Gives `1` or `0` depending on whether it is true that 5 is less than 3.

If you install the package “graphics/viewmat” from the tools menu of the J console, you can create an image like so:

```require 'viewmat'
viewmat 2<|>{:(([;(+*:))&>)/^:9(];])_2j2+90%~(0j_1&*+/])i.360``` The above program has a fixed number of iterations. The version below checks if the sequence has escaped after every iteration. The number of iterations then determines the color of the pixel.

```require 'viewmat'
grid =: _2j2+90%~(0j_1&*+/])i.360
iterate =: \$:@(>:@{.,1&{,(+*:)/@}.)^:(2&<@|@{:+:20&=@{.)
colormap =: (255+1184256&*)`(16752640&[)@.(14&<)`0:@.(20&=)"0
viewrgb colormap {. @ iterate @ (0:,],]) "0 grid```
`x =: 3`
This defines a variable `x` and sets its value to 3.
`f @ g`
When `f` and `g` are monads, this creates a new monad, "f after g".
`3 = 3`
This gives 1 or 0 depending on whether 3 is equal to 3.
`0 +: 0`
Nor: gives 1 if and only if both inputs are zero.
`p^:q y`
The value of `q y` determines how many times the verb `p` is applied to `y`.
`}. 4 5 6 7`
Gives all but the first value, `5 6 7`.
`4,5`
Creates a list `4 5`.
`1 4 { 6 7 8 9 10 11`
Selects the 2nd and 5th values which are 7 and 10.
`\$:`
This refers to the largest verb that contains it. In this case `iterate`. It can therefore be used for recursion.
`f ` g`
Creates a gerund, which is a kind of list of verbs.
`(>: ` <: ` *: @. ]) 2`
The verb to the right of `@.` determines which verb from the gerund is applied. Because `] 2` outputs 2, the verb `*:` is applied which gives 4.
`0:`
Always outputs 0. There are similar verbs from `_9:` up to `9:`.
`+/ "0 (4 5 6)`
The `"0` makes sure the verb is applied to each individual element (rank 0) instead of the list/table/… as a whole.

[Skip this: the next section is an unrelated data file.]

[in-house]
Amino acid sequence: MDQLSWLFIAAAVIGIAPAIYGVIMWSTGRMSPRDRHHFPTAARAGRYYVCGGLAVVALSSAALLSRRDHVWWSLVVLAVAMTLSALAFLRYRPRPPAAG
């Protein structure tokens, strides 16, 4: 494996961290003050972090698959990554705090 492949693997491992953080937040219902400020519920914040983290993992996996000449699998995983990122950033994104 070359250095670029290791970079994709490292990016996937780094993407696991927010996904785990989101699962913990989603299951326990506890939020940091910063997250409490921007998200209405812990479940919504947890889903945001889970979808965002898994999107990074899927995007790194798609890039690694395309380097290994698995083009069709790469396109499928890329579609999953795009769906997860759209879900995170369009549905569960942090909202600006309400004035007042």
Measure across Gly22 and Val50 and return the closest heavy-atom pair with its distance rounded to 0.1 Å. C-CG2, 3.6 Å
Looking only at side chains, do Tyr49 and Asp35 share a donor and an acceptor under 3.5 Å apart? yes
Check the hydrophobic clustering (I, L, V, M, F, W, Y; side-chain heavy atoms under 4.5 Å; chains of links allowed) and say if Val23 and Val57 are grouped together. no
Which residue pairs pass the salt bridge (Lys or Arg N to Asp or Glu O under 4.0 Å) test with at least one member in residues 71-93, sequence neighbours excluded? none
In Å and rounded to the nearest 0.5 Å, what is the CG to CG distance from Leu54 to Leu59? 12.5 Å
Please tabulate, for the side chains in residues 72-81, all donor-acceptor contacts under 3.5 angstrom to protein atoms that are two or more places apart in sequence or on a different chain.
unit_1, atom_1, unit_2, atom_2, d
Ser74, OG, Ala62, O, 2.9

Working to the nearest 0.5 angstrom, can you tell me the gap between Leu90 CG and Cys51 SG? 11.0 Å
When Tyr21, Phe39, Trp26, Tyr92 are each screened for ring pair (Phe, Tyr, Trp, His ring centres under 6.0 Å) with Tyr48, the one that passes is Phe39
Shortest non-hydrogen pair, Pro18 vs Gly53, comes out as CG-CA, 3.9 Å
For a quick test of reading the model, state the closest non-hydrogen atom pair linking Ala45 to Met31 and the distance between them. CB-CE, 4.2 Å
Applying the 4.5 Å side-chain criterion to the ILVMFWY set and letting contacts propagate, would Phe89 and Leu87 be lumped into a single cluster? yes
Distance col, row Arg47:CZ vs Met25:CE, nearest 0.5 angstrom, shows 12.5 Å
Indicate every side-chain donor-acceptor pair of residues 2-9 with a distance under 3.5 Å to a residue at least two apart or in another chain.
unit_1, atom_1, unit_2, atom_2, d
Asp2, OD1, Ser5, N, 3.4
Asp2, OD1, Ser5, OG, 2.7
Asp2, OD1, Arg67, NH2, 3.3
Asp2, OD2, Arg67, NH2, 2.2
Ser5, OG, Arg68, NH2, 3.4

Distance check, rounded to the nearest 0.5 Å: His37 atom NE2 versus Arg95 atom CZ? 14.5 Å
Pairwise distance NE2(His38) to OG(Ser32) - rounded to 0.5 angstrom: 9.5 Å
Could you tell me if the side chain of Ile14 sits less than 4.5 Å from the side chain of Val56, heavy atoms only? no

The tool `viewrgb` colores each pixel according to the number at the corresponding position in the table. The digits in base 256 represent the values for red/green/blue respectively. ## Permutations from triangular numbers

Problem A from Nieuw Archief voor Wiskunde 2020–1 asks for which n the map from Z/nZ to itself given by kk(k+1)/2 is a permutation, and for those n what the sign of the permutation is.

`C.!.2(0 1 3 2)`
Gives the sign of the given permutation, or 0 if it isn’t a permutation. In this case it’s a permutation of sign -1.
`-:6`
Half of 6, which is 3.
`4 | 11`
The remainder of 11 after division by 4, which is 3.
`9 3 9 4 9 </. 5 6 7 8 9`
The values on the right are grouped together according to the values on the left, and then the verb `<` is applied to each group. So we get ` 5 7 9  6  8 `
`(</.~C.!.2@(|(-:*>:)@i.)"0)}.i.20`
` 1 2  3 5 6 7 9 10 11 12 13 14 15 17 18 19  4 8 16 `

## Cyclic sum

From a function such as f(x,y,z)=x/(y+z) we can make a new function f(x,y,z)+f(y,z,x)+f(z,x,y) which we’ll call the cyclic sum.

`(+`-`^)/5 7 2 1 3 1`
When the adverb `/` is applied to a gerund, it will cycle through its verbs when inserting, giving us 5 + (7 - (2 ^ (1 + (3 - 1)))) = 4.
`'abc'`
Creates a string.
`*:1 :'u@:u'3`
The `1 :` denotes an adverb, whose definition is given in string form. In this case, we modified the squaring verb `*:` so that it is applied twice, yielding (32)2 which is 81.

We will now confirm a certain positive integer solution to the equation x/(y+z) + y/(z+x) + z/(x+y) = 4.

```f=:(%`+)/
cs=:1 :'+/@:(u"1)@:({~(|+/~@:i.)@:#)'
x=:154476802108746166441951315019919837485664325669565431700026634898253202035277999x
y=:36875131794129999827197811565225474825492979968971970996283137471637224634055579x
z=:4373612677928697257861252602371390152816537558161613618621437993378423467772036x
f cs x,y,z```